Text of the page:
The class distribution was 33.1% class 0 (pre-treatment) and 66.9% class 1 (post-treatment), while the robust performance metrics of balanced F-scores and Matthews Correlation Coefficients also confirmed the superiority of the high-dimensional models (Tables 4 and 5).

Table 4 Additional imaging response detection performance metrics (balanced F-scores) for each model and the two types of classifier
Table 5 Additional imaging response detection performance metrics (Matthews correlation coefficients) for each model and the two types of classifier

Simulated, randomised, controlled trials

In simulated randomised controlled trials (RCTs) of the intervention, the best high-dimensional model not only produced larger odds ratios, but the odds ratios also scaled better with increasing numbers of patients enrolled (Fig. 5a). Since the treatment effect size here was fixed, the improved odds ratios reflected better statistical efficiency. A linear fit to the data showed an increase in the odds ratio, for every additional patient enrolled, of 0.3 for the best high-dimensional model, compared with only 0.05 for the best, conventional, low-dimensional model. In particular, mean odds ratios with 59 patients enrolled were 5.83 (95% CIs: 5.17–6.49) and 10.6 (95% CIs: 9.38–11.7) for the conventional, low- and the proposed, high-dimensional approaches, respectively, diverging to 7.35 (95% CIs: 6.71–8.00) vs. 36.8 (95% CIs: 33.3–40.3) with 124 patients enrolled (Fig. 5a). As would be expected, enrolling more subjects in a given RCT increased the sensitivity with which an effect could be captured. However, Fig. 5a showed that this resulted in an early plateau in performance using conventional, low-dimensional methods, while the steep gradient in the odds ratio was strikingly persistent even at N = 124 with the proposed, high-dimensional methods. Therefore, while one could achieve higher sensitivity in an RCT by increasing the number of subjects enrolled, the benefits were much more limited with the conventional, low-dimensional approaches. The advantages of the proposed, high-dimensional methods were also apparent in the relation between the number of patients enrolled in the RCT and the power of the study (Fig. 5b). For example, here we saw that the statistical power achieved by the proposed, high- and the conventional, low-dimensional models, respectively, were 0.806 [95% CI = 0.698–0.872] compared with 0.508 [95% CI = 0.403–0.593] with N = 50, at a significance level of α = 0.01 (Fig. 5b). Thus, in an RCT with 50 subjects enrolled, the risk of making a type II error, in terms of hypothesis testing, was very significant with the conventional, low-dimensional approaches, while a statistical power greater than 0.80 could be achieved at the same N with the high-dimensional method. Although this difference became smaller when the number of subjects enrolled in the RCT was increased beyond 100, the individual-level prediction capability of the conventional, low-dimensional approaches lagged increasingly more behind the proposed, high-dimensional methods (Fig. 5a).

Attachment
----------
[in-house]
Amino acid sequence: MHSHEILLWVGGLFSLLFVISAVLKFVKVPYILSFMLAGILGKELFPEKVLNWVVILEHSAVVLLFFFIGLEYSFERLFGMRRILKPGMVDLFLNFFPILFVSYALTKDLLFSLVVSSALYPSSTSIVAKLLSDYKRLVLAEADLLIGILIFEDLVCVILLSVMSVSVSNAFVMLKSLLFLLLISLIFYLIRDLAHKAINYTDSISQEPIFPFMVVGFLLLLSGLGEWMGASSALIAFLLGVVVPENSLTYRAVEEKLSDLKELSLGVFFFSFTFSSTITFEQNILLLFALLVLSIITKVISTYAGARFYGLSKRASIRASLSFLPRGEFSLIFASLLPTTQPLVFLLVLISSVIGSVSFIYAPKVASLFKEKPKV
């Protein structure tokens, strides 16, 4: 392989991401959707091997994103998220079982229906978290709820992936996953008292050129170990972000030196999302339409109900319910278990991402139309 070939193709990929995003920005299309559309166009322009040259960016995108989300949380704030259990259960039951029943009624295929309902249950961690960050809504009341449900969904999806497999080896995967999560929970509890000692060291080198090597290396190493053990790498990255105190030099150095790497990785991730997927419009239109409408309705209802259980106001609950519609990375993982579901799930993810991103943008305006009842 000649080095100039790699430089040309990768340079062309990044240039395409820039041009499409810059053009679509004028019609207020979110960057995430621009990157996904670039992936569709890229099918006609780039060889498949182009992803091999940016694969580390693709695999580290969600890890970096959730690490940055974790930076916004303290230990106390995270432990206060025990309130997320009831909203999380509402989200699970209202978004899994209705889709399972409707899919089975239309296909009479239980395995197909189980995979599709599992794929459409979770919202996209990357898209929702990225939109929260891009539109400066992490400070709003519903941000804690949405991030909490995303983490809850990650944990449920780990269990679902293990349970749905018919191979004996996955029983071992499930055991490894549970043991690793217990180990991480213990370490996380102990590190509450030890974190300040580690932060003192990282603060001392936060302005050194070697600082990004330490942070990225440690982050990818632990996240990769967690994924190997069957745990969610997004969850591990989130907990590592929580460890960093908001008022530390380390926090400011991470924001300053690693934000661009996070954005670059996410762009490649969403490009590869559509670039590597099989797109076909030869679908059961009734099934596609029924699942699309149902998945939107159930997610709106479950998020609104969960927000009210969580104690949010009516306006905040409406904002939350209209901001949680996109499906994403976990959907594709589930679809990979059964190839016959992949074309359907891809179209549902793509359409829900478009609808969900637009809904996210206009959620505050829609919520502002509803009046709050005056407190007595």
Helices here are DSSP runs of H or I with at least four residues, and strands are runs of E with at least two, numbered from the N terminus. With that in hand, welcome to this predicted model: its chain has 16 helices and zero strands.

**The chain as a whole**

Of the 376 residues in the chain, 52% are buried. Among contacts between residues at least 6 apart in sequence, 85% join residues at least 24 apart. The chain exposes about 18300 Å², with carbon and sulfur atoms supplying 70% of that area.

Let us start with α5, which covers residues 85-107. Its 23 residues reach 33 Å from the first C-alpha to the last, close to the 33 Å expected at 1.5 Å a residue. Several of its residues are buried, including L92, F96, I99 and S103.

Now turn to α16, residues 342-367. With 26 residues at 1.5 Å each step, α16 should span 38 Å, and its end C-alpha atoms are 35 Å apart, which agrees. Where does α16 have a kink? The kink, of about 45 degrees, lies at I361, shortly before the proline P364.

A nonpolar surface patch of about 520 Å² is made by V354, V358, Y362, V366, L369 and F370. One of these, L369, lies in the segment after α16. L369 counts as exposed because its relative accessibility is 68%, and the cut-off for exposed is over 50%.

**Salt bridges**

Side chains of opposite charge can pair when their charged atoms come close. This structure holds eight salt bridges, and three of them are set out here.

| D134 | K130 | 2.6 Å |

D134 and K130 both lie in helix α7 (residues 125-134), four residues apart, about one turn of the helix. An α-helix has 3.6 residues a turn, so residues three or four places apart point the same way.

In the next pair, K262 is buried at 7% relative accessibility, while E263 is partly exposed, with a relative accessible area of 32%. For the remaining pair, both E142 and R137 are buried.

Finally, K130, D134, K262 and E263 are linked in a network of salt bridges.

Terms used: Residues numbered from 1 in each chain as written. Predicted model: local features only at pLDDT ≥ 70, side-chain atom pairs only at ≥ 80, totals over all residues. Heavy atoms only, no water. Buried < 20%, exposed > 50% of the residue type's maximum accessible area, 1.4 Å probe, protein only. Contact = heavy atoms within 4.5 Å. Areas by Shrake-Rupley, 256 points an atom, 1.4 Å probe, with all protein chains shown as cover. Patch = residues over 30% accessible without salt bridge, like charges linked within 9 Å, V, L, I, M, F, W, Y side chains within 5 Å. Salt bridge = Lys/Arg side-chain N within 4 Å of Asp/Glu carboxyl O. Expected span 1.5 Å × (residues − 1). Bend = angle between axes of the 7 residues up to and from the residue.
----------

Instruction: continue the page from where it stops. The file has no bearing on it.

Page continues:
Fig. 5
figure5

Simulated randomised controlled trials (RCT) of the intervention incorporating varying numbers of patients. Each RCT is simulated by randomly choosing a subset of N patients and evaluating the association between classifier output and imaging response with a Fisher’s exact test. The procedure is repeated 500 times, yielding a mean odds ratio (panel a, solid lines), and a mean achieved statistical power given a significance level of α = 0.01 (panel b, solid lines), along with 95% confidence interval (both panels, dotted lines) for each N. RCTs in red use the best performing high-dimensional model to detect the response, while RCTs in blue use the best performing low-dimensional model. a The odds ratio. It is seen that, if one performs an RCT with 124 patients enrolled, the odds ratio is 36.8 if one uses the high-dimensional method vs. only 7.35 if one uses a traditional low-dimensional approach. RCTs using the high-dimensional model not only produce larger odds ratios, but they also scale better with increasing patient numbers. b The achieved statistical power. We see that the statistical power achieved by the high- and low-dimensional models, respectively, are 0.806 [95% CI = 0.698–0.872] and 0.508 [95% CI = 0.403–0.593] with N = 50, at a significance level of α = 0.01. Thus in an RCT with 50 subjects enrolled, the risk of making a type II error is very significant with the traditional low-dimensional approaches, while a statistical power greater than 0.80 can be achieved at the same N with the high-dimensional method

Discussion

This study has revealed a substantial difference between the performance of conventional, low- and the proposed, high-dimensional models of imaging response to treatment in multiple sclerosis. We now turn to the interpretability, generalisability, and potential real-world applications of our results.

A natural concern when dealing with high-dimensional models is that they might ground their decision-making in imaging changes that are not physiologically meaningful. But neither changes in tissue loss nor degree of cortical disconnection can be easily misinterpreted, especially when they are shown to be reversals of familiar patterns of pathological change (Fig. 4). Pseudoatrophy, a phenomenon associated with immunomodulatory drugs such as natalizumab, occurs in the first 6 to 12 months of treatment, not over the greater than 5-year period here examined, and would be expected to produce the opposite pattern of change.13,14,15,16